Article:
How to improve ... when NOT improving ... 53 male

Based on what I’ve read thus far, I’d say you’re in need of more recovery than the TR plans are offering. A kitchen sink ride is the last thing you need IMO.

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FTP is not the end all be all. It’s a convenient single measure off of which we can base our training zones. There are other ways to get there, but they will invariably involve more testing or more invasive testing. So don’t hang your hat on FTP, but these GCN pieces and others start with the assumption that you think FTP is everything… and no one should actually think that. Recognize it for what it is: valuable, but not invaluable.

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I’m starting to think I need to do LV build for my first build of the year, and then maybe graduate to MV for the second. Short Power is wrecking me at MV, as Sustained did last year, but I made it through GBMV as my second one last year.


Hey Craig …
That is a tough break! probably tougher b/c you know what it’s like to have some legit performance … the mental game seems to ultimately be the biggest challenge … accepting and being grateful no matter what … good luck

There are a lot of similar overtraining posts in this thread, so hopefully this isn’t too redundant. That said, I tend to think there are three viable options that you should consider. They are (in order of increasing difficulty for me to explain):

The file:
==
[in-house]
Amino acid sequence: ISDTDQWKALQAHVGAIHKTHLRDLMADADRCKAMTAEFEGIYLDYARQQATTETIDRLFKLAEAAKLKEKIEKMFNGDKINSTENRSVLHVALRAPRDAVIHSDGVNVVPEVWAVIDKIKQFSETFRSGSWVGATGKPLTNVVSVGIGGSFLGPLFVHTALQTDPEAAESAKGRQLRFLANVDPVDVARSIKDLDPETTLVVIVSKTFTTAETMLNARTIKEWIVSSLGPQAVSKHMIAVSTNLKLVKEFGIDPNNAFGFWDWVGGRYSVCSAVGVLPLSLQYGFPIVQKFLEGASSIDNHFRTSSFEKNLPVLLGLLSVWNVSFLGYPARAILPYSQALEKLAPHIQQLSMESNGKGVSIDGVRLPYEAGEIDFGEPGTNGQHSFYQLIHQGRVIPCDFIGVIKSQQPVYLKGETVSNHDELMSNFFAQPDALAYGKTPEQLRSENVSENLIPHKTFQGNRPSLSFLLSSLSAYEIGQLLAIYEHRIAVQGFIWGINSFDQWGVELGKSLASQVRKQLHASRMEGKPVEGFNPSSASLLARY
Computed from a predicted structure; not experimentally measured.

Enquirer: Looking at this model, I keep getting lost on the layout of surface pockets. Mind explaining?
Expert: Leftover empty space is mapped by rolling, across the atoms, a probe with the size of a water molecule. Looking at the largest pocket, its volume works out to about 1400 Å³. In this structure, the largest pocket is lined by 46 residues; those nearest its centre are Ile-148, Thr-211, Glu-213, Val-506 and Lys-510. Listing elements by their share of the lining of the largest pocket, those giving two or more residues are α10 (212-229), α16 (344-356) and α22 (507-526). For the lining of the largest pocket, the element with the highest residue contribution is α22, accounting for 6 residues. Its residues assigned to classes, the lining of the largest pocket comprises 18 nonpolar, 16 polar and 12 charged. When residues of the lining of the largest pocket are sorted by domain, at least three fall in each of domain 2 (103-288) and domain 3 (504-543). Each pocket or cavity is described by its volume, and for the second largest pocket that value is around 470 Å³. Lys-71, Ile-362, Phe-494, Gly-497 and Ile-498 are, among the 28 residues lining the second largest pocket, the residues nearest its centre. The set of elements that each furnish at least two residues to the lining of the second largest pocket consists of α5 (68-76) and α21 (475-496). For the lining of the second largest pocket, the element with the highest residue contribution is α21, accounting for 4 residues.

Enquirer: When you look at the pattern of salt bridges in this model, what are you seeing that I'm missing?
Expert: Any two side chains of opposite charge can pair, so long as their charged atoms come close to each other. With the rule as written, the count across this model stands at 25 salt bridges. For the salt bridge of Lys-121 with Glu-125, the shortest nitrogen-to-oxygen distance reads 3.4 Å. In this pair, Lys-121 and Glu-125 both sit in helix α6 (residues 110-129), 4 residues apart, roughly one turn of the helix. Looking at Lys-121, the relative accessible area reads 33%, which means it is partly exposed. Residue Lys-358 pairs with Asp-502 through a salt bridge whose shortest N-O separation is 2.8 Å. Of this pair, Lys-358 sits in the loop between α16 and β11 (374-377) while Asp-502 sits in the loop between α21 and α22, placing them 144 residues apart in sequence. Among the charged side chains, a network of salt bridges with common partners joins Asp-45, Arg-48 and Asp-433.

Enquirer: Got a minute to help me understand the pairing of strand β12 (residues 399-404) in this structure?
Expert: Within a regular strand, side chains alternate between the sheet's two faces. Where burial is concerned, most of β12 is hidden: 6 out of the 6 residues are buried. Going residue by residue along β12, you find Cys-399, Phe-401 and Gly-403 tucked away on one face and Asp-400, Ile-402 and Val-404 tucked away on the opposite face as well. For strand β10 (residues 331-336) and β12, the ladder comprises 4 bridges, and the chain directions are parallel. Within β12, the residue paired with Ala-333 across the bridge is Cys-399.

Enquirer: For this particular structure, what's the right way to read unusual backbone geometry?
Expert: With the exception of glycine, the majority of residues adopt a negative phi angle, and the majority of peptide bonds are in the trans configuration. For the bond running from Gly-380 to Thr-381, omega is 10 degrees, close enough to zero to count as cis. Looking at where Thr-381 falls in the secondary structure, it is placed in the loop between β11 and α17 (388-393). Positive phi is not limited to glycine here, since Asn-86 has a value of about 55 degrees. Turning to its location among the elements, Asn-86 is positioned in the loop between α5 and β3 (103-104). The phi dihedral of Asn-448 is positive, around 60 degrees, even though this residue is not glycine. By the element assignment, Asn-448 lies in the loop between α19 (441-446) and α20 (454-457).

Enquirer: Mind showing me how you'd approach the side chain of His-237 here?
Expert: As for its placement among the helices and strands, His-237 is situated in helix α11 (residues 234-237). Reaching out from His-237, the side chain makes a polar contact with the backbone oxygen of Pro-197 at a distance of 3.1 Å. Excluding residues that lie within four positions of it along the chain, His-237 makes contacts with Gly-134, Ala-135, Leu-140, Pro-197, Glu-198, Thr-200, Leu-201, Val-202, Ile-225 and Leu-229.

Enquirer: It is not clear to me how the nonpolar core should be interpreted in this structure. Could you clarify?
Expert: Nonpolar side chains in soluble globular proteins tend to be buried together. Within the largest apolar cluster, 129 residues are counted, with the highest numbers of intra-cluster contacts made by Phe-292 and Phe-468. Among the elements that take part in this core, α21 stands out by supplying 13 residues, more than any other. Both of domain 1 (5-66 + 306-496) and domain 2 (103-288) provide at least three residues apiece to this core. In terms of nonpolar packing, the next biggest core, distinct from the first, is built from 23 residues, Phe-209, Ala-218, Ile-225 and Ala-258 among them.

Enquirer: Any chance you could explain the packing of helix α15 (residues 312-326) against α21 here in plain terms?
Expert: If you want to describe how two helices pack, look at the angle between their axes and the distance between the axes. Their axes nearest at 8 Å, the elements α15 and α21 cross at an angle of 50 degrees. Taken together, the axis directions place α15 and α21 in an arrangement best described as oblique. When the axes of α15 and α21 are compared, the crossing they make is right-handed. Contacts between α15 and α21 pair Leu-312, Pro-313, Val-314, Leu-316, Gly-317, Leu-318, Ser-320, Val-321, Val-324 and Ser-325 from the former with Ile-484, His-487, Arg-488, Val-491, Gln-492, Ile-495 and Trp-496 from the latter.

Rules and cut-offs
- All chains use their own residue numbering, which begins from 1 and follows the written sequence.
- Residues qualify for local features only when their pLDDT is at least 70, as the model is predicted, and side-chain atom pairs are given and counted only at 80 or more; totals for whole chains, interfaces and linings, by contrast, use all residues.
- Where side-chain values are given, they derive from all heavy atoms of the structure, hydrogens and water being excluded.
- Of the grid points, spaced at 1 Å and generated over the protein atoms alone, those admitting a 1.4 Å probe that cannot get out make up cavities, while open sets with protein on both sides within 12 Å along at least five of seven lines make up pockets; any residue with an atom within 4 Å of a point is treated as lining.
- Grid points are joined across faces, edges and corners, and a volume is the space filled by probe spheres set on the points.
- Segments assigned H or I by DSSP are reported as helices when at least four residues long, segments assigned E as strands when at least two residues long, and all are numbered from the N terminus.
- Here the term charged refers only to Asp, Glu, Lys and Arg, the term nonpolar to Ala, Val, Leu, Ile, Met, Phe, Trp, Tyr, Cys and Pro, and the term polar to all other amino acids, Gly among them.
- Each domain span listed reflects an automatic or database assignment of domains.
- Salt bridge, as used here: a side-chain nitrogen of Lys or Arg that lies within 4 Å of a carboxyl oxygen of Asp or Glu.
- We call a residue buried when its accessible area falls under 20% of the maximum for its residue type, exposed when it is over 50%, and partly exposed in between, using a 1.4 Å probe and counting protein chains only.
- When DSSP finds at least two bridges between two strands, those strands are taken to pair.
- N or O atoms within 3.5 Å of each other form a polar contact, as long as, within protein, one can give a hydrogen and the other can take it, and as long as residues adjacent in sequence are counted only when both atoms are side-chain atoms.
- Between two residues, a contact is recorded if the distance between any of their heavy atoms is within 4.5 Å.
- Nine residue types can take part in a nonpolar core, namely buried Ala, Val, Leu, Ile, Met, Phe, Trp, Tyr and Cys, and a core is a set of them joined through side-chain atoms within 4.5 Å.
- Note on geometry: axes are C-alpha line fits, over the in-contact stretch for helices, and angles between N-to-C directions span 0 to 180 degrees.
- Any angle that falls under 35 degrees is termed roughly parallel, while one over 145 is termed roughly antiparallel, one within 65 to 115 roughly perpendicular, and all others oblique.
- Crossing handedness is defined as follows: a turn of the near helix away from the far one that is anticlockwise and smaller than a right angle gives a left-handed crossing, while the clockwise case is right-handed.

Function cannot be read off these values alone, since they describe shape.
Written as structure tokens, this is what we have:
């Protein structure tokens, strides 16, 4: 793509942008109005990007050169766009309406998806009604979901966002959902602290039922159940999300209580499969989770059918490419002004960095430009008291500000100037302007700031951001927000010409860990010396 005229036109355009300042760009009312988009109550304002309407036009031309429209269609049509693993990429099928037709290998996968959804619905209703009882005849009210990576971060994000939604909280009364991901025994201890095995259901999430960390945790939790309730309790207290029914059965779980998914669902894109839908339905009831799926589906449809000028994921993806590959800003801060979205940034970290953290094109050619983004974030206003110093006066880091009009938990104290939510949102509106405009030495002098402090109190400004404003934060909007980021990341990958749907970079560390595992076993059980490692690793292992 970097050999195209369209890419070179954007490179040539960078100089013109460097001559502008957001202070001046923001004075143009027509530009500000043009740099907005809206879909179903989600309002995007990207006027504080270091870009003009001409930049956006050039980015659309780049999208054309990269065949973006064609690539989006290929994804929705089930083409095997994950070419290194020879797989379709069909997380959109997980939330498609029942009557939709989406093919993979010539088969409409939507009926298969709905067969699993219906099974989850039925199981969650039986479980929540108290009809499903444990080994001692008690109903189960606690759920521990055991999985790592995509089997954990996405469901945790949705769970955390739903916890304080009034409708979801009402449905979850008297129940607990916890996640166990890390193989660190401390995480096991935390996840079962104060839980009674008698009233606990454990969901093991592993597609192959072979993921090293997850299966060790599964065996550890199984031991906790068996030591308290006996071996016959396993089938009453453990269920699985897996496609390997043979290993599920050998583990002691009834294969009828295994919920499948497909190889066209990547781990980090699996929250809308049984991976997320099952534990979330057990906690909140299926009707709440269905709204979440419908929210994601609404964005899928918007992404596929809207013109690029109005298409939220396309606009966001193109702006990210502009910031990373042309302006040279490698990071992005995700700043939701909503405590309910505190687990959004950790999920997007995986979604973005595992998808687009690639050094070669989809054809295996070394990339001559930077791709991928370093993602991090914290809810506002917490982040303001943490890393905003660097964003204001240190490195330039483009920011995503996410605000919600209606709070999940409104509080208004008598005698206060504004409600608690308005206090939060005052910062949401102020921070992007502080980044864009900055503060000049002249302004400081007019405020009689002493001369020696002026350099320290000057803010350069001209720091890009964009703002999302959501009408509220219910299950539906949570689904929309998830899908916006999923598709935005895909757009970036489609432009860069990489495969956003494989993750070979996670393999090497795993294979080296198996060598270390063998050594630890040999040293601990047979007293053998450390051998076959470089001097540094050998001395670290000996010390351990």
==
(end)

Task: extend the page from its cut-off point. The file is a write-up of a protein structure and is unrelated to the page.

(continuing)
Change to low volume. Relatively easy to implement, just an across the board reduction

Change your rest week cycle. Slightly more complex to implement, but this is what @mcneese.chad was getting at with the change from three weeks on one week off to two weeks on one week off. You can do this by copying his plans or by dragging weeks around in the calendar. Not too bad, and honestly a really good way to experiment

Decrease intensity but maintain volume. One of the often overlooked ‘problems’ with the TR plans, particularly as relates to masters athletes, is that they often have three days of higher intensity work per week. This can lead to fatigue and burnout. I think more people, particularly those in your shoes who get a lot of satisfaction out of riding 5+ days a week, should consider the approach of decreasing intensity but maintaining volume. This is achieved in a number of ways, but most simply you can take a TR plan and replace one day of intensity each week with a similar, or longer, endurance ride. More complex, and as you learn your body better, you can start putting in higher intensity workouts to replace those suggested by TR, but only two per week.